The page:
Disproportional to its small size, Bursledon has a vast amount of history. In the ninth century,
it was the location of the battle of Brixdone, during which, the men of Alfred The Great of Wessex, defeated a Viking invasion
force, sinking twenty of their longboats in the river. The Viking dead were reputed to have been buried, on the site of St
Leonard's church, which was built by French monks, in 1230.
The 16th century, saw the sinking of Henry V's flagship, The
Grace Dieu in a storm. Her remains can still be seen at low tide. In the 18th century, HMS Elephant was constructed here,
probably on the site of the present day Elephant Boatyard. It was on this ship that Lord Nelson planned the battle of Copenhagen,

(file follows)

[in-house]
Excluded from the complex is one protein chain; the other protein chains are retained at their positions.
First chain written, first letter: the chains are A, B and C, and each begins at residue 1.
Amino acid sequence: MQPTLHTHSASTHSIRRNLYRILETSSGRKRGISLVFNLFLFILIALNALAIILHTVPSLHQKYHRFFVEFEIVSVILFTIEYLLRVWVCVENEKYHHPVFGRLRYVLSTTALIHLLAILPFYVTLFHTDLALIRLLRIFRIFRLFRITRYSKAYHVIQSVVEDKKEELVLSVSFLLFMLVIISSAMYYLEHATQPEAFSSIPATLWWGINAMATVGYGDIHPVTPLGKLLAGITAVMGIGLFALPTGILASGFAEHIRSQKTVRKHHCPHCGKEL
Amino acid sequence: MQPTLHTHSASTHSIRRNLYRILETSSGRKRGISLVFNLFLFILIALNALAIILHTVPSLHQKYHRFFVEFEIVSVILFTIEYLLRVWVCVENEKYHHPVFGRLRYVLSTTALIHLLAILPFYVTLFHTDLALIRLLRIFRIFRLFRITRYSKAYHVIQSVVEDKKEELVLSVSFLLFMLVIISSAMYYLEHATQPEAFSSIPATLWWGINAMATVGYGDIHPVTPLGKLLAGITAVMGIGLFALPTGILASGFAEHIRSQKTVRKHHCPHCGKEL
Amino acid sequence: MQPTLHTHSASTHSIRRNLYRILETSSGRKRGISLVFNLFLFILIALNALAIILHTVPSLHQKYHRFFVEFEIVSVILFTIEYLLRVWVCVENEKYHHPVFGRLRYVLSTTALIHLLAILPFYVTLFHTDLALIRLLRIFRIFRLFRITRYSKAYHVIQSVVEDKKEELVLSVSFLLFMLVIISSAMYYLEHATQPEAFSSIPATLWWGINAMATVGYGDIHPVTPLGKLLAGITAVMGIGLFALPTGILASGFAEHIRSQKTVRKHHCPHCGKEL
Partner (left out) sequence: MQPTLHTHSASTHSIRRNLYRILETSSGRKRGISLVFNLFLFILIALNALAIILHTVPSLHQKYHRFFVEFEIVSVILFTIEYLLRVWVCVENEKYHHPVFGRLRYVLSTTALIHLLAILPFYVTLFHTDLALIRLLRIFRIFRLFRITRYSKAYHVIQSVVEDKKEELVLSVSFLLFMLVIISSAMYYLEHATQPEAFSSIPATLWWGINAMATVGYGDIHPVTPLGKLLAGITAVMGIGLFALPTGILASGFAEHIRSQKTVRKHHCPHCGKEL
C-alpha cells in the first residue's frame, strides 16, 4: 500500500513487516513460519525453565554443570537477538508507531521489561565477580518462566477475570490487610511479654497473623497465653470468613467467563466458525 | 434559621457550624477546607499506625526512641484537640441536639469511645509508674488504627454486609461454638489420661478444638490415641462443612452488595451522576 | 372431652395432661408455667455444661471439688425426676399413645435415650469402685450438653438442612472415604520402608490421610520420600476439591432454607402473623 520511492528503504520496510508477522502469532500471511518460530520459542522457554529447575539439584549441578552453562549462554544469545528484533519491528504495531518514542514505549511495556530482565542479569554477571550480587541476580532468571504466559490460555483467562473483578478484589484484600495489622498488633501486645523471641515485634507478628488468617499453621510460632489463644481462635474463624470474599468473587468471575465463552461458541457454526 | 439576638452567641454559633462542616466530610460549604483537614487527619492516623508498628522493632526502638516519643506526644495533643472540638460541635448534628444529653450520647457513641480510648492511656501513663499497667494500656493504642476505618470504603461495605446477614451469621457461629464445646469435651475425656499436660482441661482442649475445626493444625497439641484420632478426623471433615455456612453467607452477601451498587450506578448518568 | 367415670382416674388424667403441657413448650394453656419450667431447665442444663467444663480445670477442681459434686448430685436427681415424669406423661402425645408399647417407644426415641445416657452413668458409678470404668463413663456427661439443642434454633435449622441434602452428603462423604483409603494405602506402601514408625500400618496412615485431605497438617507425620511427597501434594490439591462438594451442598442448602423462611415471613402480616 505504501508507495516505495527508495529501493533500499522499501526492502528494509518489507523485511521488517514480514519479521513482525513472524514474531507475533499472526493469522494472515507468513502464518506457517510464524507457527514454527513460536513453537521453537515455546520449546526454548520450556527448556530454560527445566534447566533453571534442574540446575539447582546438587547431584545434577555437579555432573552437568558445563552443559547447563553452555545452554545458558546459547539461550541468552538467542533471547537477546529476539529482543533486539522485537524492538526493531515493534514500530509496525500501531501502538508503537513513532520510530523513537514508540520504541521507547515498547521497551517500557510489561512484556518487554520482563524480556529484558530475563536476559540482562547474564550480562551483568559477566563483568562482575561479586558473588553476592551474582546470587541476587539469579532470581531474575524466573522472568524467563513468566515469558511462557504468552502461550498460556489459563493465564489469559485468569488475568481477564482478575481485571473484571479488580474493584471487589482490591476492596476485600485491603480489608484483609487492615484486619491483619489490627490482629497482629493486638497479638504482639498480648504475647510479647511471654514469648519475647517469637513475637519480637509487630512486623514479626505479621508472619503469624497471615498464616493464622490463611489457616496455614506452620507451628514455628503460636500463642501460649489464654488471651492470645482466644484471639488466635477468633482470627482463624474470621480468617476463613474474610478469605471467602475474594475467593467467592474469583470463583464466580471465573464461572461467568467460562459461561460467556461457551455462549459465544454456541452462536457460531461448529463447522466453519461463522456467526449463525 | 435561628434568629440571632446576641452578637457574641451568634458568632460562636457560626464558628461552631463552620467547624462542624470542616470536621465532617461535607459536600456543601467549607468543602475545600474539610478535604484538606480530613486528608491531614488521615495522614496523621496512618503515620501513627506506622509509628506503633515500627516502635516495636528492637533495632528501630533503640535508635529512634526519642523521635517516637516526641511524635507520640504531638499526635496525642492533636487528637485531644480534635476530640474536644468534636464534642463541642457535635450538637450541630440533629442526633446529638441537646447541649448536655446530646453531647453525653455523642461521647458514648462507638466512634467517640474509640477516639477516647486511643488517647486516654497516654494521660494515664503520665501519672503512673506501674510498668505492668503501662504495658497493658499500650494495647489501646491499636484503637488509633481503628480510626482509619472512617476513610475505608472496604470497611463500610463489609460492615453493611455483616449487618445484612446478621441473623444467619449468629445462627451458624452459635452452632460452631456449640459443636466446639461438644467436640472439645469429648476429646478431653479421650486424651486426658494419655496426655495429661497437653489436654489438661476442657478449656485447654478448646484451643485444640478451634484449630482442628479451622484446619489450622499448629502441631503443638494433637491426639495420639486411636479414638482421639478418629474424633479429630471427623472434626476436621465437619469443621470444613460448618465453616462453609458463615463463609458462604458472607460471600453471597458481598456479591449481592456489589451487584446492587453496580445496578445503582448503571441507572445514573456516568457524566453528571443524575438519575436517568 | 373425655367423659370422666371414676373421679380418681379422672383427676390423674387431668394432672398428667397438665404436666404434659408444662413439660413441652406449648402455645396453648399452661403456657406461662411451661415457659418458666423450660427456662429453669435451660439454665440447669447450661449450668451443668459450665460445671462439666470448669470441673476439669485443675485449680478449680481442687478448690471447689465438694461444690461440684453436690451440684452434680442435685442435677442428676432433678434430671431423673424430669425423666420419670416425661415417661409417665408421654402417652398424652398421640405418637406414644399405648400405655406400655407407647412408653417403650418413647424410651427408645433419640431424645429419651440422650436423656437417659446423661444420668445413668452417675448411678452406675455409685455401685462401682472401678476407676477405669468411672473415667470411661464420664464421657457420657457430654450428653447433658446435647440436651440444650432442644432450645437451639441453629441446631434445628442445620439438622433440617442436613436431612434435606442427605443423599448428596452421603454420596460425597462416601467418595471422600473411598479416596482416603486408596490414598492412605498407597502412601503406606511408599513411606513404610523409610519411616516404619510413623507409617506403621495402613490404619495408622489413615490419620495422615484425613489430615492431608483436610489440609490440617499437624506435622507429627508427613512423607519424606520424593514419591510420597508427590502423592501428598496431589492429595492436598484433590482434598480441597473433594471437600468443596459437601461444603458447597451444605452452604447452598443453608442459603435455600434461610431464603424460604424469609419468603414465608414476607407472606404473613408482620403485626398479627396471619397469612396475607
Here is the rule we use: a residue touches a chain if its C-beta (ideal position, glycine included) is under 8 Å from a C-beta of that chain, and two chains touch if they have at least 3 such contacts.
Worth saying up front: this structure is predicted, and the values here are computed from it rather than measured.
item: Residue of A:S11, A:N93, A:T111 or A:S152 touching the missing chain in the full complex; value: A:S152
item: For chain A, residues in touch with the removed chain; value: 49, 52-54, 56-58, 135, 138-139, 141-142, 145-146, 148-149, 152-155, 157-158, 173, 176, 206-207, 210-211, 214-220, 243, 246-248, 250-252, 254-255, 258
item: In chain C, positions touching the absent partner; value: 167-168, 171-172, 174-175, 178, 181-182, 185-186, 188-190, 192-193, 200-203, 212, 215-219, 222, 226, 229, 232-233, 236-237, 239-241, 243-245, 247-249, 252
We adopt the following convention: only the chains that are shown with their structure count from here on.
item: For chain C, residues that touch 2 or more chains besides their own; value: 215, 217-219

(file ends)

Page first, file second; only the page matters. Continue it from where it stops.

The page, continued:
famously raising a telescope to his blind eye.
Daniel Defoe, of Robinson Crusoe fame,worked in the Bursledon shipyards,
surely the inspiration behind his many tales of seafaring folk.
Bursledon had other important industries in the past,
Salt was extracted from the tidal mudflats. Corn was ground in the windmill to the west, until the 1880's, and the brickworks,
to the east of the village, provided, amongst many other projects, the bricks which line the Suez Canal. Both the windmill
and brickworks, are popular visitor attractions.
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